September 12, 2021

JF2567: Balancing Career and a Competitive Investment Portfolio with Keith Meyer

Biotech Supply Chain Engineer Keith Meyer currently also juggles multifamily investments and mobile home park acquisitions. When he became an accidental landlord and stumbled upon mobile home parks, he knew he wanted to scale quicker. Keith tells us how he won the mobile home park deal, how to package an offer, and the specifics you need to know to be competitive. 

Keith Meyer Real Estate Background:

  • Biotech Supply Chain Sales Engineer
  • 10 years of real estate investing experience
  • Principal in Symphony Capital Group, and multifamily syndicator
  • Bought and sold two mobile homes parks within the past 15 months totaling nearly 150 pads, and just sold a retail shopping center 
  • Based in San Diego, CA
  • Say hi to him at: 


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Ash Patel: Hello, Best Ever listeners. Welcome to the Best Real Estate Investing Advice Ever Show. I’m Ash Patel and I’m with today’s guest, Keith Meyer. Keith is joining us from San Diego, California. He is a Biotech Supply Chain Sales Engineer and has 10 years of real estate investing experience. Keith is a Principal in Symphony Capital Group and a multifamily syndicator. He has purchased and sold two mobile home parks within the last year and a half, and just sold a retail shopping center.

Keith, thank you for joining us. How are you today?

Keith Meyer: Doing well, Ash. Pleasure to be here. Thanks for having me on.

Ash Patel: Well, thanks for joining us. Before we get started, can you give the Best Ever listeners a little bit more about your background and what you’re focused on now?

Keith Meyer: My pleasure. I am a Biotech Supply Chain Engineer by profession, and also running multifamily real estate syndications. So our focus with my team at Symphony Capital Group is on multifamily apartments and mobile home park acquisitions. And as you covered in my background, I have experienced over the last 20-plus years through my family, and the last five years or so personally, in mobile home park acquisitions and operations.

Ash Patel: Alright, hold on. So you’re juggling a sales career, as well as a real estate syndication career as well…

Keith Meyer: I am, and I come to find I’m not the only one doing this. There’s quite a few of us out there, surprisingly.

Ash Patel: And how’s that balance treating you?

Keith Meyer: It’s demanding, to say the least—

Ash Patel: What are some of the hacks that you use to maximize your time?

Keith Meyer: Yeah, great question. So again, what’s enabled me to jump into this a little bit more head-on is the technological tools that have come out in the last couple of years. And again, as I mentioned, my family’s been in this space for a long time, and those tools weren’t available until the last couple of years. So even something as simple as Google Office, using Google Sheets, being able to collaborate with that, using a good CRM system to keep up with leads and with investors… HubSpot is our current system, using email outreach and investor pipeline management with a system like ActiveCampaign… Those are some of our preferred tools that are all pretty widely available and really pretty affordable at this point.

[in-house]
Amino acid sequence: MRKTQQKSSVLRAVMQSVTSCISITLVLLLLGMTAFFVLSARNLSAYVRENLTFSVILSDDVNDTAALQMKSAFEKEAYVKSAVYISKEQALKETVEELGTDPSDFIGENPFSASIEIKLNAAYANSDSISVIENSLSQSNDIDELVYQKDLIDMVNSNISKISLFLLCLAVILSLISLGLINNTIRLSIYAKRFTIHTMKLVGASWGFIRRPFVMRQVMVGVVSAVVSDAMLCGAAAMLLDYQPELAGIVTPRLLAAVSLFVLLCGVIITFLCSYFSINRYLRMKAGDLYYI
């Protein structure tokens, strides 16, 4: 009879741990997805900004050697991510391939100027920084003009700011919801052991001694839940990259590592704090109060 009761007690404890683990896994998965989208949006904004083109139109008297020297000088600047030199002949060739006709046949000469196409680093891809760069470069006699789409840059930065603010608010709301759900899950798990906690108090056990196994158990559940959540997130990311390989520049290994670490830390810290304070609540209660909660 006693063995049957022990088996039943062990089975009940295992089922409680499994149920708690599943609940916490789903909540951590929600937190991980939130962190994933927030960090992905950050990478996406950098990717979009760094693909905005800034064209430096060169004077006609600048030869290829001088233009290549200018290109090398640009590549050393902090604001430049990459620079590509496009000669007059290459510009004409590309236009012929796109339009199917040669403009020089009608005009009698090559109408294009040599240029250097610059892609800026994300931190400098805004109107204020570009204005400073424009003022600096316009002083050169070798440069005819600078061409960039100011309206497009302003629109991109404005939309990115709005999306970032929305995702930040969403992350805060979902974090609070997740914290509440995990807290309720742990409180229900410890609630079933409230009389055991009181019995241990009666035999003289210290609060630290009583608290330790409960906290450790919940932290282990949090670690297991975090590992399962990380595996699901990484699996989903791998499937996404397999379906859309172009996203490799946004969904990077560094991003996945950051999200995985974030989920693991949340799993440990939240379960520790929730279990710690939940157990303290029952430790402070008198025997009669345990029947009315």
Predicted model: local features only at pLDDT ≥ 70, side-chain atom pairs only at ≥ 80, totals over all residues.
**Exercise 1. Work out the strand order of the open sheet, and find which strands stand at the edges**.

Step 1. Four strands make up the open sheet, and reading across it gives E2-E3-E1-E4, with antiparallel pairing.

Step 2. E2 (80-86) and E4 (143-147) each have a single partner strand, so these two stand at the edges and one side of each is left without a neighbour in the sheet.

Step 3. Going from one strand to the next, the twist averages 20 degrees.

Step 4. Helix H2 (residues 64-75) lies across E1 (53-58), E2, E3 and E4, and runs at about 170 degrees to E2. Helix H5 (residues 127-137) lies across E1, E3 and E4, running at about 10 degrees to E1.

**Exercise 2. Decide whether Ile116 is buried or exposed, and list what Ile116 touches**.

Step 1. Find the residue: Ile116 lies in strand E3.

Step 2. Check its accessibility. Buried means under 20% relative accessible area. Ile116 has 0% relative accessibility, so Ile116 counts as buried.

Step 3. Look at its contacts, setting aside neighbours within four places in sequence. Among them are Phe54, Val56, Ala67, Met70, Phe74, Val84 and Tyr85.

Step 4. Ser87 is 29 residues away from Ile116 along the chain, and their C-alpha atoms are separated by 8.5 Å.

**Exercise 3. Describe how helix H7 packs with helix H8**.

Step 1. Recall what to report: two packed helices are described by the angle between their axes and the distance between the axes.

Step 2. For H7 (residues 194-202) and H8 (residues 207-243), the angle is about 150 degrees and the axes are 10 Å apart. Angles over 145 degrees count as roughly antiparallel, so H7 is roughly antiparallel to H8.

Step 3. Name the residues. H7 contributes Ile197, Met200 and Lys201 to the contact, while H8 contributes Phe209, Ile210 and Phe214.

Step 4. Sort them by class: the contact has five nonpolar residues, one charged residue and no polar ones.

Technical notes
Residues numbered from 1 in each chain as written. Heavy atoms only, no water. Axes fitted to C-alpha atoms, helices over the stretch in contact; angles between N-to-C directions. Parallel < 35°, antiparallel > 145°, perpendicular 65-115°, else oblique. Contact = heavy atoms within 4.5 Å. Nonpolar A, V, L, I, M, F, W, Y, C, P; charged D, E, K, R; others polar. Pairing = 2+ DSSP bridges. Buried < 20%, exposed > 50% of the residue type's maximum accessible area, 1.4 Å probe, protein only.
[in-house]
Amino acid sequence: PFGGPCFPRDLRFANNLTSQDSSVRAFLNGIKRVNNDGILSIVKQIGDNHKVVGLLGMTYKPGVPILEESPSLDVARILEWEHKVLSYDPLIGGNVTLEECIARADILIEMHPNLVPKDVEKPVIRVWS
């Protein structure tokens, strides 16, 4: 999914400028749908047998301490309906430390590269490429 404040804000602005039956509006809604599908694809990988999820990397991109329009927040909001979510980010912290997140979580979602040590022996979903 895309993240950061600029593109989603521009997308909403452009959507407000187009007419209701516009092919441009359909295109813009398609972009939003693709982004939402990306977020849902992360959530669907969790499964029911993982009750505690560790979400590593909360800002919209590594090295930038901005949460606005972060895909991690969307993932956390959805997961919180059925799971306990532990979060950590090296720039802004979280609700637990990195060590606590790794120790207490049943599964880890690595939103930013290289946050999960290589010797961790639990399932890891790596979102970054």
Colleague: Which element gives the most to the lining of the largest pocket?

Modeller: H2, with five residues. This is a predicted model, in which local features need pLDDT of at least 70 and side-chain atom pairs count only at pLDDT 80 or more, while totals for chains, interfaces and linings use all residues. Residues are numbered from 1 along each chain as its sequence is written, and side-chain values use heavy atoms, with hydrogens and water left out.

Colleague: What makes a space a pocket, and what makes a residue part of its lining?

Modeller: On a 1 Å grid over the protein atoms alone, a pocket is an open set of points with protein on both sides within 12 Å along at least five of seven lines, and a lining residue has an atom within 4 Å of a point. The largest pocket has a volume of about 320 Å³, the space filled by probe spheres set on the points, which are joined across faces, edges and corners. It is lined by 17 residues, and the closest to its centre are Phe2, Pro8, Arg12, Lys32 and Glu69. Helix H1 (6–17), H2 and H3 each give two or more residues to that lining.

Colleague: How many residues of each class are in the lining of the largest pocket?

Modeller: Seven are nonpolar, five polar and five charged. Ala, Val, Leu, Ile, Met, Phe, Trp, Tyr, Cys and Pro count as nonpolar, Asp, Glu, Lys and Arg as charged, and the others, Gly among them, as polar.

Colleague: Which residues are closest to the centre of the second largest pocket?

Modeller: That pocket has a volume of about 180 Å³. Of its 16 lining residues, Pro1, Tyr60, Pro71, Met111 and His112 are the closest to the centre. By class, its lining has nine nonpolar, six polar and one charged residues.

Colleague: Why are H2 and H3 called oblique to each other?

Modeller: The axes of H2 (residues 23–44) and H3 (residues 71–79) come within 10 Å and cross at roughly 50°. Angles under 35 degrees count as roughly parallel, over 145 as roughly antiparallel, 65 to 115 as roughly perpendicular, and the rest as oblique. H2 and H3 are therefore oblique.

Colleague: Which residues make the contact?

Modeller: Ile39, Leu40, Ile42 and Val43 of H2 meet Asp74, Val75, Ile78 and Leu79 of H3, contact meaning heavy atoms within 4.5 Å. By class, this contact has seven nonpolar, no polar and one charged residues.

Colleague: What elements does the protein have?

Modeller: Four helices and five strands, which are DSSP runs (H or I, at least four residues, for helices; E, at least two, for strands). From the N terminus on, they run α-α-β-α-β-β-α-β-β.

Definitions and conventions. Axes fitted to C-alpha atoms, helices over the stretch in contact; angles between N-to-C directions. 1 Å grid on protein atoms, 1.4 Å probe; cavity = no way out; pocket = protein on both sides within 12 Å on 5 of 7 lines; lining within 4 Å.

Ash Patel: Keith, was your family in mobile home parks, or just real estate in general?

Keith Meyer: So complex question, but to try to simplify – my father was in a kind of a similar situation to where I found myself a couple years ago… This is back in the ’90s, where he was working in the corporate world and looking to deploy some capital into some more passive type investments. And he looked around and explored a bunch of different asset classes, and obviously it was harder to do back then through newspapers. This was kind of around the birth of the internet. But he, strangely enough, came across mobile home parks and it took him a couple years making offers to close on one, but closed on a heck of a property, actually, out in the Cincinnati Ohio area, which is where I grew up and I know where Joe hails from. So that’s a property that we held all the way up through last year, when we performed a 1031 exchange into another mobile home park.

Ash Patel: Interesting. So was that your first venture into real estate? Was that the mobile home park?

Keith Meyer: What I could kind of consider my first personal venture into real estate is actually becoming really an accidental landlord. So I bought my first single-family house when I graduated college in the late 2000’s in Albuquerque, New Mexico. It was a full reno, derelict property that hadn’t been lived in for about 10 years, so I did a full value-add; added a big master suite edition, brought the property back to life, and it turned out to be great home for me as a primary residence for four years. And then when I decided to relocate out to San Diego, about 10 years ago, that’s where I, fortunately at the time made the wise decision to hang on to the property and tried out this whole landlord thing.